April 21, 201512:41 p.m.
"Whatever I thought being Armenian was, I didn't really know as much as I thought I knew," says Eric Bogosian, acclaimed actor, playwright and novelist. Next Wednesday, April 29, he'll speak at the Alex Theatre about his new novel, "Operation Nemesis: The Assassination Plot that Avenged the Armenian Genocide," a masterful, true-to-history thriller about the conspiracy to hunt down and kill the perpetrators of one of history's most brutal exterminations.
Writing the book has been an education for Bogosian himself. "Being Armenian was a very strong component of the way I grew up — my family's first language was Armenian, the food they ate, where they went to church, everything set us apart from whatever I thought an average American was supposed to be. But we weren't politically oriented. My birthday was April 24, and nobody thought that was an interesting date!"
In fact, this particular April 24 marks the 100th anniversary of the Armenian Genocide, and the commemoration is lining up with the book's release by sheer force of destiny.
"I started working on the book over seven years ago," Bogosian remembers. "I had heard the story of Soghomon Tehlirian years before, and at first I didn't even think it was true. But once I realized that he had indeed assassinated Talat Pasha and that he had been acquitted, I knew that this would make a great screenplay. I started to wonder — even beyond being Armenian — why doesn't everybody know this story? Anybody who knows about the Holocaust knows about Eichmann, and anybody who knows about the Armenian Genocide should know that a humble group of small businessmen in the New York-New England region got a bunch of ex-soldiers to go and hunt down these Turkish leaders and kill them in Europe."
Bogosian has always been an eclectic artist, doing everything from searing monologues ("Talk Radio") to straight-ahead TV drama ("Law and Order," "The Good Wife"), penning novels and plays, and lending his acting skills to everyone from Beavis and Butthead to Woody Allen and Alex Ross Perry. But the tackling of this particular story — complex, political, tragic — proved a challenge.
"At first," he admits, "I wasn't even really sure where Armenia was located! But I kept learning new things all the time, it was like a detective story. I learned so much about the history of the Armenians and the Turks, amazing histories that go back thousands of years. I had heard of sultans and harems but I didn't really know what any of this meant."
The more Bogosian explored, the deeper and more multifaceted the book became. "The Armenians are a disparate group, with many different faces," he says, "and yet… and yet… and yet… they all hearken back to an ancient civilization which peaked about the early Middle Ages. They all have this common religious aspect, the ancient church. The art and poetry and language makes this group very cohesive — Christians living in a Muslim empire.
"In some ways, the genocide acts upon the Armenian people like the Holocaust did on the Jews. There were many Jews in Germany who didn't think of themselves as Jews first and foremost, but they were forced to. If they had forgotten, they were being reminded. Many Armenians at the time prior to the genocide did not see their lives as that terrible."
Also challenging was breaking from his usual from-the-gut work style. "When I write fiction or a play I just make everything up. Why not? But here I was working very closely with historians, and I'd make a supposition and they'd say 'Did this actually happen?' and I'd go, 'Well, I'm not sure' and they'd go 'No, you can't do that.' It's either history or it isn't."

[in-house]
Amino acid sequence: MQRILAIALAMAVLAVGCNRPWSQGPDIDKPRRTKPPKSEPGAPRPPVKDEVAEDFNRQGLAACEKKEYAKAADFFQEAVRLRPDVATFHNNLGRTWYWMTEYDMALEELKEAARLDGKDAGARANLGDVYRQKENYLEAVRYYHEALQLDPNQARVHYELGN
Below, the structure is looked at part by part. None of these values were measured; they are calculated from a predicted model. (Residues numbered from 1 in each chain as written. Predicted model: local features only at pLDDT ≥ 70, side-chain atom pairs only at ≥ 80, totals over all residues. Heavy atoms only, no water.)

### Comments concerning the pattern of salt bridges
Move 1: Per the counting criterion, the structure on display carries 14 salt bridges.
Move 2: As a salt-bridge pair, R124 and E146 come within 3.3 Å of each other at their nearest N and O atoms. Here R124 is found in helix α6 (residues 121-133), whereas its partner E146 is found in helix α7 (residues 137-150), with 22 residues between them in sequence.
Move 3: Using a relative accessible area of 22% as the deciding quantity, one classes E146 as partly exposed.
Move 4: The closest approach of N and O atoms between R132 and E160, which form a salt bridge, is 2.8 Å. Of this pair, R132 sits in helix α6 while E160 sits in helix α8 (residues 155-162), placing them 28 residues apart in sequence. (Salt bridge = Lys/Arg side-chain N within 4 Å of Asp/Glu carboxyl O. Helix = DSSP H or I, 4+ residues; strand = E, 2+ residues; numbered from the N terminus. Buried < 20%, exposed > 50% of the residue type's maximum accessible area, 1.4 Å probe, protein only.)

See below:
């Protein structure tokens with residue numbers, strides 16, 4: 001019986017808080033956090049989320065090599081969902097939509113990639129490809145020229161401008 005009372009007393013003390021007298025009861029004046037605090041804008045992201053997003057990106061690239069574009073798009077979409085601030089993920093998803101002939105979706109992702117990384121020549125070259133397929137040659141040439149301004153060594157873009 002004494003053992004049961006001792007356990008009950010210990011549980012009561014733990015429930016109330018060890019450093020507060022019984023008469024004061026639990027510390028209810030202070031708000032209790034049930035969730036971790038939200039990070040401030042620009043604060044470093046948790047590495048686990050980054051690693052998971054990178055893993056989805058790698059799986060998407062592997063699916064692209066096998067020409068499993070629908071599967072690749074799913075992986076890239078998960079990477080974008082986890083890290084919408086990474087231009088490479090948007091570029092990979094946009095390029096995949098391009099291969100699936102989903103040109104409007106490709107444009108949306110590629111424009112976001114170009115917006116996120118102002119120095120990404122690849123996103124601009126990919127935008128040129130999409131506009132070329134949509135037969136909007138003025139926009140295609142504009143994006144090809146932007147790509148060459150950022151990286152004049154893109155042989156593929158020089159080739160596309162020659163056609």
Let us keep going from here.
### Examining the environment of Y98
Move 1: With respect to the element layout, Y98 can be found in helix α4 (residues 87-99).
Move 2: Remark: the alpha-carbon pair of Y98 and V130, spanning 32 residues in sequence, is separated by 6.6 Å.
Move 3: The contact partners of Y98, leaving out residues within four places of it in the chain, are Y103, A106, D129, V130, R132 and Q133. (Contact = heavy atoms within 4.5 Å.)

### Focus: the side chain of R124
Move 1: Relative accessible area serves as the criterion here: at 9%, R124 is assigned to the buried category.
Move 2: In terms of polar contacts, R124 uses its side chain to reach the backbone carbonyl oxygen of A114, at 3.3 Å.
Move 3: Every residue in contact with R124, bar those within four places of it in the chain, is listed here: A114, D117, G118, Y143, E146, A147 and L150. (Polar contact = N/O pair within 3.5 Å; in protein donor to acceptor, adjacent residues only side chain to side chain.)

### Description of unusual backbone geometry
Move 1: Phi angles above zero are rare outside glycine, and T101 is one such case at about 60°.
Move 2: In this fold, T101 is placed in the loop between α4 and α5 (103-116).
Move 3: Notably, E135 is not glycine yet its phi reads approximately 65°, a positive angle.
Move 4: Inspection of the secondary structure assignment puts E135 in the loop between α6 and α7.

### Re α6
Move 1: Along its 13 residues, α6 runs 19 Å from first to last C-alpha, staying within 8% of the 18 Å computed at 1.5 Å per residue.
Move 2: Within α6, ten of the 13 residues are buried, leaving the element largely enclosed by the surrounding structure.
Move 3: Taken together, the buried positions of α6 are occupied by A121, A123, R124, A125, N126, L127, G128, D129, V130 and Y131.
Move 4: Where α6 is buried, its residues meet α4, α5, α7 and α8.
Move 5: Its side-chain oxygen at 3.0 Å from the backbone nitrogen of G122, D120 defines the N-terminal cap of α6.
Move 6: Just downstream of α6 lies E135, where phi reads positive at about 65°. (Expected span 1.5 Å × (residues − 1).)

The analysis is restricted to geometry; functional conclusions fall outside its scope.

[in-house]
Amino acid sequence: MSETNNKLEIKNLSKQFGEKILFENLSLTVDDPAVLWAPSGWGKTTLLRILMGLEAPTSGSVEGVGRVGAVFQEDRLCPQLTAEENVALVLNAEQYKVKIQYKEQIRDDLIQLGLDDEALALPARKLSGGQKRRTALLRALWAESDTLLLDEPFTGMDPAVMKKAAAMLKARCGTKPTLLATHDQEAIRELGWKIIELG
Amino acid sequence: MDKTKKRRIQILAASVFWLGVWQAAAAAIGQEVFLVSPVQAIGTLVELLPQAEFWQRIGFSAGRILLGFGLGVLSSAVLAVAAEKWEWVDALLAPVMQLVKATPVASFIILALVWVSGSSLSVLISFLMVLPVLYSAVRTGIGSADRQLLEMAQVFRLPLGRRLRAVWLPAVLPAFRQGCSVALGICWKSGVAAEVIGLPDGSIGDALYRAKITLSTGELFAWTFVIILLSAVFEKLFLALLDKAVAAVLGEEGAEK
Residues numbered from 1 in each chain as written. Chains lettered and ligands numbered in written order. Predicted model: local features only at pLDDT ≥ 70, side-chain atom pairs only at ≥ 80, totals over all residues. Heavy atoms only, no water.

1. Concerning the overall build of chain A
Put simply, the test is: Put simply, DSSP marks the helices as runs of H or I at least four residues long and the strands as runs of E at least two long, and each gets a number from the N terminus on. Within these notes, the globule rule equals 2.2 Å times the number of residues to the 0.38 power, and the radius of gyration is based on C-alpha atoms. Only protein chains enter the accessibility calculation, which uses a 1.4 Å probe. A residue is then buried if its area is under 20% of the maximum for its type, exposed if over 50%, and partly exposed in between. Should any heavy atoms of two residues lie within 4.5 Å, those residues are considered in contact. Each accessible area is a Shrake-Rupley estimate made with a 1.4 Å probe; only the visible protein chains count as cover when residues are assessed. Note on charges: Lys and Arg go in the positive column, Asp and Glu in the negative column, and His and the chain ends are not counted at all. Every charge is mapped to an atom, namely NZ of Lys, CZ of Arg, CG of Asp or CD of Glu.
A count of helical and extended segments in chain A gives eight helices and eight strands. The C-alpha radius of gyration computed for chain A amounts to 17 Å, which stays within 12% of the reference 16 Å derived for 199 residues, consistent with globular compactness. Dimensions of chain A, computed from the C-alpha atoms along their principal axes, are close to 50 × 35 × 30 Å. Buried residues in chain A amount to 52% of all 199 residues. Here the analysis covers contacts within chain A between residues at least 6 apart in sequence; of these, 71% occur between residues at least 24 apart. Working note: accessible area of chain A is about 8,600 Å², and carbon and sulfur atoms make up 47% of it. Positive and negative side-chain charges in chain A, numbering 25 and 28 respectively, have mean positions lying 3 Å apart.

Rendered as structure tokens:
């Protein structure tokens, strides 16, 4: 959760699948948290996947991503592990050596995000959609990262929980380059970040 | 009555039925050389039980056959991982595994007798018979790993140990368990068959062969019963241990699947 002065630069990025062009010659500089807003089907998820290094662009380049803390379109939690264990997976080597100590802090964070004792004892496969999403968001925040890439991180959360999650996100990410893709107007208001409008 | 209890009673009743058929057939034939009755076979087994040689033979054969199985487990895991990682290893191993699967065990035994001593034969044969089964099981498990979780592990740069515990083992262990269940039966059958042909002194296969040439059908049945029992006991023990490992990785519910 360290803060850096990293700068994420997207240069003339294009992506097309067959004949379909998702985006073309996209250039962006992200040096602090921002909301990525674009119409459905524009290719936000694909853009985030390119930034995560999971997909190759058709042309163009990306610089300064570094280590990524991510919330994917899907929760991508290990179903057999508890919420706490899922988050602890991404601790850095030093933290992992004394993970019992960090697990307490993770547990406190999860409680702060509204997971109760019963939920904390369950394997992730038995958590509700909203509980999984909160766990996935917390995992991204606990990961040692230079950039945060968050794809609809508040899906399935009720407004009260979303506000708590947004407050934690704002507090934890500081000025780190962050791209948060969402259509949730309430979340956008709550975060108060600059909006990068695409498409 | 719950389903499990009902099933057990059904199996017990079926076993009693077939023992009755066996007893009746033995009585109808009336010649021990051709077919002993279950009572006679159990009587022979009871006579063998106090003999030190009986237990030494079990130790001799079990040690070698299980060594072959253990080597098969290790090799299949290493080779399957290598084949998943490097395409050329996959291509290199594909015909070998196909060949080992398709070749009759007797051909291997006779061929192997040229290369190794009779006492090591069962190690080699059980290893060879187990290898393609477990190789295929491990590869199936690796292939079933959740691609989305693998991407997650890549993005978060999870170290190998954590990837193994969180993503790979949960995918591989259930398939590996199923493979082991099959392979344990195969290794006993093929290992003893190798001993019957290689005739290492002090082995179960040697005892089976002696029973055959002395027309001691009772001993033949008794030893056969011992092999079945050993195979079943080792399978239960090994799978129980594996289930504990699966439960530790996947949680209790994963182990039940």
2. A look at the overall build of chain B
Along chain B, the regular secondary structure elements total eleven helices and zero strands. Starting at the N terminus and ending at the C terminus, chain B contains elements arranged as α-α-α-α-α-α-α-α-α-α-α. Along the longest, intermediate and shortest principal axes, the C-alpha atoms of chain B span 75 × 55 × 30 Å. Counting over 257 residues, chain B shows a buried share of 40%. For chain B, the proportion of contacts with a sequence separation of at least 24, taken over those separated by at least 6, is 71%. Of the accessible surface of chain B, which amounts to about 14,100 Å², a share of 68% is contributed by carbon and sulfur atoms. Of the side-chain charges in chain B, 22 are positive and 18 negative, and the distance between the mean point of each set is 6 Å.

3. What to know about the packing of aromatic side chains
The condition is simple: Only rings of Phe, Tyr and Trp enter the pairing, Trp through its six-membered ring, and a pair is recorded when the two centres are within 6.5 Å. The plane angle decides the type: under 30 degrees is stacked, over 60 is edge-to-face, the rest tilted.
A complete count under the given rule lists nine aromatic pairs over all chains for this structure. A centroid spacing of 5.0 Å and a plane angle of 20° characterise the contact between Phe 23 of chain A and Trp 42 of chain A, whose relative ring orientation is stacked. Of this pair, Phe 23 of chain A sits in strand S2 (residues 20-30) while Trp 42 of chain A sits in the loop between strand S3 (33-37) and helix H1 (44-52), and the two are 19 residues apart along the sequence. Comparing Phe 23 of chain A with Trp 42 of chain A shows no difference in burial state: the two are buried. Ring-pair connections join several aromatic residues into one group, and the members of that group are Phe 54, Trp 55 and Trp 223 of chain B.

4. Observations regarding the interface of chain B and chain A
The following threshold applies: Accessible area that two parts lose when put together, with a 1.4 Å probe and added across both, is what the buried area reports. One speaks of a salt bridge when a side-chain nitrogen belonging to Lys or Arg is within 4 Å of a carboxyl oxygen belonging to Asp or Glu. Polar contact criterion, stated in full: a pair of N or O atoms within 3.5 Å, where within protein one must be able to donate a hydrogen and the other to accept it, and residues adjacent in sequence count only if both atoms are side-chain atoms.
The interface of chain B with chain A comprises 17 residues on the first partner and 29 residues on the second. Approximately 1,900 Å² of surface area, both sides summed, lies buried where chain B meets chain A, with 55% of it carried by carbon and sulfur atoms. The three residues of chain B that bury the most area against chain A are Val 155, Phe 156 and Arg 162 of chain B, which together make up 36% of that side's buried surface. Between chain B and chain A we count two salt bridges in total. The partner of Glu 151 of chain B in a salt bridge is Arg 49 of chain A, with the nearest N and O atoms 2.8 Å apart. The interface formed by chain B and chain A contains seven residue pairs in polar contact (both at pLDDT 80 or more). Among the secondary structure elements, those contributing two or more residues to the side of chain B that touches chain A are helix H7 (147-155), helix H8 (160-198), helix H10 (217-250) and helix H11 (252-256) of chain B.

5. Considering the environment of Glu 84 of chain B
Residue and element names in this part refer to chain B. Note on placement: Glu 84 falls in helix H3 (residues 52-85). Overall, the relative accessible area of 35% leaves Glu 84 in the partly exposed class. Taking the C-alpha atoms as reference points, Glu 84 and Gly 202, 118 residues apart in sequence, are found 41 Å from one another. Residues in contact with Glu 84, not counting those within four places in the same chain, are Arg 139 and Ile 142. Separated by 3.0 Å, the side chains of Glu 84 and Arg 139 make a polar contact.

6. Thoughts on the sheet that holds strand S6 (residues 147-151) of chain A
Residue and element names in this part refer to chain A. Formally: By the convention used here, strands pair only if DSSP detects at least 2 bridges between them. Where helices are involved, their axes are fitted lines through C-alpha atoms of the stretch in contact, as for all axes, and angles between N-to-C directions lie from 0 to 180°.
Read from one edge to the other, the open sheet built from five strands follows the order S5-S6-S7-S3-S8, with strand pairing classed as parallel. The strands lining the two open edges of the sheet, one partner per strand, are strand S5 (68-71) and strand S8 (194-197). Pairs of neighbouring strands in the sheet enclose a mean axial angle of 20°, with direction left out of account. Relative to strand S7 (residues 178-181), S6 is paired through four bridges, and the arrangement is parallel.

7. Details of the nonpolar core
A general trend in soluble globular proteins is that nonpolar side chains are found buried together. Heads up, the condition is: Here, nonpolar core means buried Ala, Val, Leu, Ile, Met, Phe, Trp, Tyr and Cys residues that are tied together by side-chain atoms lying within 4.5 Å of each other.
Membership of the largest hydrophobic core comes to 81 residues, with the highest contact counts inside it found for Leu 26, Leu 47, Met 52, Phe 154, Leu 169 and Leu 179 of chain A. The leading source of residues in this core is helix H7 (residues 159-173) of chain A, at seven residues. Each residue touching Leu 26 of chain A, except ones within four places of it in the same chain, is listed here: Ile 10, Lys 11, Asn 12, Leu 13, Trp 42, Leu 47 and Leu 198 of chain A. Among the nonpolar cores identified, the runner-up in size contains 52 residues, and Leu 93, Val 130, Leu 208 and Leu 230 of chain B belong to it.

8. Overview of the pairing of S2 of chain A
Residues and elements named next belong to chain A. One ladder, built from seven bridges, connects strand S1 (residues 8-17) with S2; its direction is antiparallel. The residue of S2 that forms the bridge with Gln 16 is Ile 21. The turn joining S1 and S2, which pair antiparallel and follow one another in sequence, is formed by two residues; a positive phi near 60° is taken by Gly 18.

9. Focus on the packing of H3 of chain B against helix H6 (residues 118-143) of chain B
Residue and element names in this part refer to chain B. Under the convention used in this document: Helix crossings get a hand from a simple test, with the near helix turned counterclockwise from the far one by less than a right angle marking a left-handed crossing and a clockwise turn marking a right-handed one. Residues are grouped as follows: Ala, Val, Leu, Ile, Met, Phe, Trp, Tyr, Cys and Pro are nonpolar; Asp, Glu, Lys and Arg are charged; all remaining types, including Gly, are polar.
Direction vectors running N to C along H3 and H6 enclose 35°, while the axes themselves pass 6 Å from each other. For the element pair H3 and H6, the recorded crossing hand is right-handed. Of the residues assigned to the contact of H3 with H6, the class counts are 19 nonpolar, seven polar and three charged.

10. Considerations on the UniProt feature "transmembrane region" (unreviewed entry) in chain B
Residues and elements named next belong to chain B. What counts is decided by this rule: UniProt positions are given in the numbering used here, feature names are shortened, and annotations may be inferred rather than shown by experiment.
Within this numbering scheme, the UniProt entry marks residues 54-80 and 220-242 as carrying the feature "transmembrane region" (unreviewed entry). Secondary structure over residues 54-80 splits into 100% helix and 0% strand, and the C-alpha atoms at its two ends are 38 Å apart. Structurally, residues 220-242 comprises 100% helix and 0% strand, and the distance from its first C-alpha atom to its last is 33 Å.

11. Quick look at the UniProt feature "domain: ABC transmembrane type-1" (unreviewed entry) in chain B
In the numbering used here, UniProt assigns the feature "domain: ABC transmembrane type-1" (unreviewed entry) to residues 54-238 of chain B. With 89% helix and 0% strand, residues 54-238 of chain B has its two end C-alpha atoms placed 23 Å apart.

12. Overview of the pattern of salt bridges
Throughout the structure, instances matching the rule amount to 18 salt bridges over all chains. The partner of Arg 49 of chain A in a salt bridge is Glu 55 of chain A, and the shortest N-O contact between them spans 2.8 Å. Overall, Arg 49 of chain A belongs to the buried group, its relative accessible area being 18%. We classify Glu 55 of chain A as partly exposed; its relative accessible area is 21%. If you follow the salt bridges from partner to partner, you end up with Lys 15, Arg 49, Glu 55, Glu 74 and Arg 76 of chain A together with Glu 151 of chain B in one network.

The Live Talks Los Angeles interview at the Alex Theatre will be conducted by screenwriter Alex Dinelaris, recent Oscar-winner for "Birdman." Dinelaris is himself part-Armenian and has written a well-received play about the genocide called "Red Dog Howls." Of course, Glendale — widely thought to be the center of Armenian-American life — seems like the natural place for this history-marking event.
As Ted Hapte-Gapr, who runs the Live Talks series says, "We've hosted several sold out shows at the Alex over the last couple years, and have a great partnership with Glendale Arts and the Alex Theatre, so when an opportunity to do an event with Eric Bogosian with his upcoming book on Operation Nemesis marking the 100th anniversary of the Armenian Genocide came up, we naturally wanted to host it there."
For Bogosian, the moment is something of a surprise. "I can't say it's a happy accident that the book is landing this week, but things happen like that. I'll be turning 62 next week, and I'm at a point in my career where I know you can plan things, and they just won't work out the way you wanted, and there's other things that will swoop in and everything will change overnight. The thing I like the best about this project is that I could use all the skills that I brought to it. I don't think a younger Eric could have written this book. It required a level of focus that I didn't have 20 years ago."
But Bogosian's willingness to tackle such a difficult topic wasn't just about skills. "For a long time in my early career, I didn't want to be labeled as an ethnic actor," he explains. "I saw myself as a guy who should play any role and I always played any roles I wanted to play. On top of that, the nature of my writing wasn't topical. I never wrote about specific political things. The people I came up with in New York, mainly visual artists, like Cindy Sherman… this is the kind of work we all did. We were thinking about archetypes, not specifics — that was our aesthetic. At the same time, I knew there were threats to people who wrote about the genocide. When I was younger, maybe I thought my career or my children or my income was in jeopardy, but now I feel like — if not me, who? If not now, when? Let's do this."
DANIEL WEIZMANN is a regular contributor to Marquee.